The Devil’s Beat by Robert Edric
Reading the blurb of the latest novel from Edric, I had visions of Arthur Miller’s masterpiece, The Crucible, updated to the early 20th century but actually, it has more in common with The Suspicions of Mr Whicher by Kate Summerscale.
Four girls claim to have seen the Devil while out walking in the woods. Were they genuinely possessed? Or is it just hysteria?
A small Nottinghamshire town becomes the centre of attention as an enquiry is to be held. A doctor, a cleric, and a magistrate, all from the town make up three of the enquiry panel together with their leader Merritt, an outsider appointed by the Assistant Chief Constable. Together they must investigate the girls’ claims and decide what happened – if they can.
As you might guess, the reverend and the magistrate have their own interests in taking part. Rev Firth is hopeful of promotion to a larger parish; Mr Webb will be running for Mayor. Nash, as a medic, is a good reader of peoples’ character and will remain faithful to his oath, this will be a great help to Merritt.
Although told in the third person the story, as it unfolds, is entirely Merritt’s. We arrive in the town with him, and we follow his progress step by step as he begins to get the measure of the town and its people, and the likely path of the enquiry.
Merritt is an old hand. We soon learn that he has participated in thirty or so such enquiries. They always start off with huge interest, with the flames fanned by the press who sensationalise every little thing, but it usually soon dies down as the volume of depositions and paperwork needed to record everything so the facts can be sifted brings a monotony to proceedings. He hopes this will happen here too, but at last the enquiry can begin.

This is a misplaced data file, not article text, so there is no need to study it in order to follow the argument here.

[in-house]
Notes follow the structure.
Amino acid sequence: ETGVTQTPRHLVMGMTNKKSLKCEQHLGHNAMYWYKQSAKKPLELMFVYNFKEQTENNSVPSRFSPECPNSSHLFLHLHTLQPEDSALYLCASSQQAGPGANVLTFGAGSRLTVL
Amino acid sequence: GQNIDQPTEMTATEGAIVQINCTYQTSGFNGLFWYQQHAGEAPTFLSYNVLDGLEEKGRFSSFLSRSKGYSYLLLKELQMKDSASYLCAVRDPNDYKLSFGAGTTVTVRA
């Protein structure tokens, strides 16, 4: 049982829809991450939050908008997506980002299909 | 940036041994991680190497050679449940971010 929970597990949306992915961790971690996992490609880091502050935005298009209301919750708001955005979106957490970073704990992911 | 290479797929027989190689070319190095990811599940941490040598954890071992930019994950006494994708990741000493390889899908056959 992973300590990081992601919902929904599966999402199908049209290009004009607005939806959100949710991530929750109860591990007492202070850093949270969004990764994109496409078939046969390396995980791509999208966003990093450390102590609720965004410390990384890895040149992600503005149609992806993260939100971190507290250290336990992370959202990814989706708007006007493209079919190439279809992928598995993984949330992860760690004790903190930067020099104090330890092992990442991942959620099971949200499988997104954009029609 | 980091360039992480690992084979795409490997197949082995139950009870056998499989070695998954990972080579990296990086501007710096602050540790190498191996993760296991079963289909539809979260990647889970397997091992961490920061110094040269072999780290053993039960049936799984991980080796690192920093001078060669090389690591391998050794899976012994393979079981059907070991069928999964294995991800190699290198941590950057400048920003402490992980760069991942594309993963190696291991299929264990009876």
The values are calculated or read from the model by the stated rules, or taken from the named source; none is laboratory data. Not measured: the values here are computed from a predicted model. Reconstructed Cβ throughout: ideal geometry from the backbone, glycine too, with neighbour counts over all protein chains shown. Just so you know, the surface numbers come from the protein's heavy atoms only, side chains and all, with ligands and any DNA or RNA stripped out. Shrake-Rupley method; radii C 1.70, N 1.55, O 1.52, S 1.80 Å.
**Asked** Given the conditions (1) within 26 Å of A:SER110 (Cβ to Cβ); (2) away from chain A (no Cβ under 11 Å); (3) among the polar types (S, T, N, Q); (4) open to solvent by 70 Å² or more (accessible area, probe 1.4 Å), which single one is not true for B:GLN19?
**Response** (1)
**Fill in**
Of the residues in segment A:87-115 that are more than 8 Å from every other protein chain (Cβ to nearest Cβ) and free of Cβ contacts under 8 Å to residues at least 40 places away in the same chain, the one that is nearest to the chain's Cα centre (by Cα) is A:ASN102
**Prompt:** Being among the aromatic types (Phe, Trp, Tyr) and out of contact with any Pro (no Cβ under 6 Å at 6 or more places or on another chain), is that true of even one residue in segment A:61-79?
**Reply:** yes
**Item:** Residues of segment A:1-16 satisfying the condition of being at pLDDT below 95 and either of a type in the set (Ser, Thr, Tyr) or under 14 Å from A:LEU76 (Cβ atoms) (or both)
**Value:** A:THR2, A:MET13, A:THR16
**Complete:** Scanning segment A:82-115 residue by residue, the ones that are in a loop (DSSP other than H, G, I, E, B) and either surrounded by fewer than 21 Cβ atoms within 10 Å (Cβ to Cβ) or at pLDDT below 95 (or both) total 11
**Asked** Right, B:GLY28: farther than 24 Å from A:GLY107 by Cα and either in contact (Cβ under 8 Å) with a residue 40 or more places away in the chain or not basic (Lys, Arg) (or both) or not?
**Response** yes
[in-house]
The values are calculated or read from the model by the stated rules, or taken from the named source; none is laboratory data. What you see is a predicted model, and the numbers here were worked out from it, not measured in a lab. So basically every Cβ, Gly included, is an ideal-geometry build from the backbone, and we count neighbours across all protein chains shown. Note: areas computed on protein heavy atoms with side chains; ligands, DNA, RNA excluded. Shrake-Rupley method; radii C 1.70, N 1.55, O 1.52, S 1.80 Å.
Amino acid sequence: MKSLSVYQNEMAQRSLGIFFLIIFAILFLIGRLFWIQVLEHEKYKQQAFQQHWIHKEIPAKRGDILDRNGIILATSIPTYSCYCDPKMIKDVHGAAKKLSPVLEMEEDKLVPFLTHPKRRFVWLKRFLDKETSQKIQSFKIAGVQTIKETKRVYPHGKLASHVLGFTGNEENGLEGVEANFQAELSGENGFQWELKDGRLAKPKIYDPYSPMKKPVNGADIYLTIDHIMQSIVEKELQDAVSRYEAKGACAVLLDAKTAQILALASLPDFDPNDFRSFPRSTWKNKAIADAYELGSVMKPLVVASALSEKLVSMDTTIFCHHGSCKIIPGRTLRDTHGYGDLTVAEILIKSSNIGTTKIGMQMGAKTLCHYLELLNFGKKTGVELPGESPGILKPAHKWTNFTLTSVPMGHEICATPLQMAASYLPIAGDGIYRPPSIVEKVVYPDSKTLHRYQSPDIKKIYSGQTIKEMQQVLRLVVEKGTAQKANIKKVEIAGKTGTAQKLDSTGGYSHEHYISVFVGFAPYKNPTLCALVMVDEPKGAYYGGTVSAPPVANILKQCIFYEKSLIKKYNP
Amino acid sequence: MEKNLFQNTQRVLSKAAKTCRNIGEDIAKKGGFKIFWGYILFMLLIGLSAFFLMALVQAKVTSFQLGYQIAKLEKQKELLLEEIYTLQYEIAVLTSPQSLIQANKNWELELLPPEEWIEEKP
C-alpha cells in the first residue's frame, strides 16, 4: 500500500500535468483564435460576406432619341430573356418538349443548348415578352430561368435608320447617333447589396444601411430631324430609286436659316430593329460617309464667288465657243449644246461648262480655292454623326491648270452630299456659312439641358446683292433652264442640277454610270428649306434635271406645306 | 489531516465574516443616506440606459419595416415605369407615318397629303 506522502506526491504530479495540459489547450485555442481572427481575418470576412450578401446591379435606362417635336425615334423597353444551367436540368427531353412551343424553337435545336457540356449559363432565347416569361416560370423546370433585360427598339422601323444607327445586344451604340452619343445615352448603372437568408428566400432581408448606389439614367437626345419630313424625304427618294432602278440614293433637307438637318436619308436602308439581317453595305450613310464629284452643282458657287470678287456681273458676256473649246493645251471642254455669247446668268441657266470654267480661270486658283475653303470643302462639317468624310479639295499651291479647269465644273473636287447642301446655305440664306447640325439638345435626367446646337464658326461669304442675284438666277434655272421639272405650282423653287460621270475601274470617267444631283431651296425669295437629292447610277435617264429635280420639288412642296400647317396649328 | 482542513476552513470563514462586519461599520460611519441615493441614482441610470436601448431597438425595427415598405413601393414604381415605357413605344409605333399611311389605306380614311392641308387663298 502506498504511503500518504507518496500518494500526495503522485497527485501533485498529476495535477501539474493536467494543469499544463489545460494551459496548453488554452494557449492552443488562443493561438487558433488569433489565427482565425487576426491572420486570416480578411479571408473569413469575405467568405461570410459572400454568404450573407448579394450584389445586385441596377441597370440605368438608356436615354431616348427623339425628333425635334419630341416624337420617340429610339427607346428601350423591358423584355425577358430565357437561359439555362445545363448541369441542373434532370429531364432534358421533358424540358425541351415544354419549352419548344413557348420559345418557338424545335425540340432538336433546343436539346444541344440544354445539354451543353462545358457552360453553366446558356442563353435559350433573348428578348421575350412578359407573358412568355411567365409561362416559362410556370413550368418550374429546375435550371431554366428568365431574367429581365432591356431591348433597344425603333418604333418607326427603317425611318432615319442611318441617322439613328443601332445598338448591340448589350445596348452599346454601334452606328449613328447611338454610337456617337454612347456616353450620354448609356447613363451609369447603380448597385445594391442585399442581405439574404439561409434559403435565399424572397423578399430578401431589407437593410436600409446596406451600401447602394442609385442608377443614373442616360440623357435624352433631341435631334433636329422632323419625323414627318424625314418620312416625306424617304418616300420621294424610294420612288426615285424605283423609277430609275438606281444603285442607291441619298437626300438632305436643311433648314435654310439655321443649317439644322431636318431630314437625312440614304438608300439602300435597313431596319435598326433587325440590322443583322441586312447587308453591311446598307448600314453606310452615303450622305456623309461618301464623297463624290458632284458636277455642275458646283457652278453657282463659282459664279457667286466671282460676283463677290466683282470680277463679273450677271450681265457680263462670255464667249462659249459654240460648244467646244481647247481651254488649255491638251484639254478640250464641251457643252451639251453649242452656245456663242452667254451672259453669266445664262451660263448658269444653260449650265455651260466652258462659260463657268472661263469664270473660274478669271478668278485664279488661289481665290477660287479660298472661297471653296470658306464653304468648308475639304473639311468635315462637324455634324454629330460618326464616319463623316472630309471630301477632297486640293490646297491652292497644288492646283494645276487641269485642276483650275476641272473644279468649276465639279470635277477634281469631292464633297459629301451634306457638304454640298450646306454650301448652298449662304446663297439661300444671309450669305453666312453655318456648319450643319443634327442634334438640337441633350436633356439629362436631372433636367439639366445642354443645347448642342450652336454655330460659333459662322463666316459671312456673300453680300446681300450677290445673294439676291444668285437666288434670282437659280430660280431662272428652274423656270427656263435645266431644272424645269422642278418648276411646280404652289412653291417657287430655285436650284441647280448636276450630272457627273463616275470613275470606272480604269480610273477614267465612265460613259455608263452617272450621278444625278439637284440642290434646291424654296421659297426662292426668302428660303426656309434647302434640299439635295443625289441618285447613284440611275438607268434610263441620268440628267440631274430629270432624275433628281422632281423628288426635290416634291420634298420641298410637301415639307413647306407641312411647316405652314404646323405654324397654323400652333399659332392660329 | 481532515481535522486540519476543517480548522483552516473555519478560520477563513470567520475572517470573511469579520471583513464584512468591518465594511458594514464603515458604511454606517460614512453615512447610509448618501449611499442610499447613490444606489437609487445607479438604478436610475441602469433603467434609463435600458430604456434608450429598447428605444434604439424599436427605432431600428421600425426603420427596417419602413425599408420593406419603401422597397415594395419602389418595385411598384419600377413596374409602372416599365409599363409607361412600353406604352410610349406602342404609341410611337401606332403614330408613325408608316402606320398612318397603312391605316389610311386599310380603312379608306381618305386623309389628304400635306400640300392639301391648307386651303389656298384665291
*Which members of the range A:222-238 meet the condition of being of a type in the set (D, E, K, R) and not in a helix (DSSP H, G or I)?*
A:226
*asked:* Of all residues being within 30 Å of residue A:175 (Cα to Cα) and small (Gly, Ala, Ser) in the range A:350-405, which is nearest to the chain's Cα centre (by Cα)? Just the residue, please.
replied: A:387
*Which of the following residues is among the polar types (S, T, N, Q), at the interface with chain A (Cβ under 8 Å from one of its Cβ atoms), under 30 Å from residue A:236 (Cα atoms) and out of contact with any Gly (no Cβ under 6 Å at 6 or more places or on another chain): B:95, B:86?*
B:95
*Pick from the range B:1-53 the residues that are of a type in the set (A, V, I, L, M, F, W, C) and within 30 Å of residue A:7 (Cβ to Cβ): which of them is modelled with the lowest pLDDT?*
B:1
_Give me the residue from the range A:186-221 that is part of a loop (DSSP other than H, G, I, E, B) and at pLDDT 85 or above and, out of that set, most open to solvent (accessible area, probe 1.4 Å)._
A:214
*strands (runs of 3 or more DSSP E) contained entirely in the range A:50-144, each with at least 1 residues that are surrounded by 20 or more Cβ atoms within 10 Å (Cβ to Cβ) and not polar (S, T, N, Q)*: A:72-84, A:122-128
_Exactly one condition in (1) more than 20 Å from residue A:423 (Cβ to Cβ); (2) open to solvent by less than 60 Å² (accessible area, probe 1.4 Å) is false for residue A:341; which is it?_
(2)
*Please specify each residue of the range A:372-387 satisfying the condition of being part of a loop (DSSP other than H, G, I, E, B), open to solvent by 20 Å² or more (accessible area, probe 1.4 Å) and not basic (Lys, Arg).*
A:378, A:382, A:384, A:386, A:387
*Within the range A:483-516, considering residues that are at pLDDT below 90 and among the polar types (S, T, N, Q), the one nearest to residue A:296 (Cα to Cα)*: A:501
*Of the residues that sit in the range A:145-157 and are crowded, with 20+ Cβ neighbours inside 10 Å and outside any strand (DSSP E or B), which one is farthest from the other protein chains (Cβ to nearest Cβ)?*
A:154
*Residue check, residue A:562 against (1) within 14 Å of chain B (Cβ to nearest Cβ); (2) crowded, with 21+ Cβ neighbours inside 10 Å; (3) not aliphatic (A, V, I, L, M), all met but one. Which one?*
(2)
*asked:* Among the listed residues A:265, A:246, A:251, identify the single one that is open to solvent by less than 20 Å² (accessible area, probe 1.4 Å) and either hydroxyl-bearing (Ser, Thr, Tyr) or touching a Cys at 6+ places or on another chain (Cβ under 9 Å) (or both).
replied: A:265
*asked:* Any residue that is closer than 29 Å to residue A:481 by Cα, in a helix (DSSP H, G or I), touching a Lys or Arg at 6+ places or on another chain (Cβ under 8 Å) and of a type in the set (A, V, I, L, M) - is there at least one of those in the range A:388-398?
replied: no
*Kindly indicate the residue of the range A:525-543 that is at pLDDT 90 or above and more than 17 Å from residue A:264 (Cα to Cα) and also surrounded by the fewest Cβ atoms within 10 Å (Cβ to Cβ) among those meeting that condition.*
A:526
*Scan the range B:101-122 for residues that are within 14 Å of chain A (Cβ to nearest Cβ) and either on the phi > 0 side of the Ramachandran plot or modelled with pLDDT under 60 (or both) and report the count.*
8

Little surprised Merritt. He knew there was a discernible pattern to these things, and that soon that pattern would reveal itself to him here. He sensed who was a reliable witness and who was not. Ten times on that first morning he imagined picking up the written testimonies and then tearing these in half, then quarters, then even smaller pieces in front of the people who were still talking to him, and who were refusing, despite all his own signals and declarations, to fall silent.
The enquiry will throw up huge challenges for Merritt to stay in control. His fellow panellists will have their own axes to grind; slogans and demonic symbols will be daubed around town; the newspapermen won’t go away. Then, there are the four girls and their families to deal with. They are different in age and character, and Mary Cowan, the oldest is an obvious ringleader, and I’m not going to say any more about them to avoid any spoilers.
This is a novel that gives up its secrets slowly. The first hundred pages are all about taking us into the setting up of the enquiry, full of mundane activities, so by the time that Merritt is ready to go, we’re longing to find out what happened, but it still goes along at a measured pace – the enquiry can only go so fast, and still Merritt has scant fact to go on. However this strict procedure isn’t mirrored by events which begin to get out of hand quite quickly.
Ultimately this is a book about manipulation – it’s going on at all levels between the alleged victims, their families, the investigators, the press. Although Merritt strives to remain impartial and objective, even he can’t help but become part of the fever for action.
Edric is an interesting author. He always seems to find a different angle to tell his story from. His writing is considered and always readable, but I was so glad when the pace of this novel did pick up a little; then I enjoyed this tale of putting the spotlight on a small town and the behaviours of its occupants. (7.5/10)
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The Devil’s Beat by Robert Edric. Pub March 2012 by Doubleday. Hdbk, 329 pages.
The Suspicions of Mr. Whicher by Kate Summerscale
The Crucible by Arthur Miller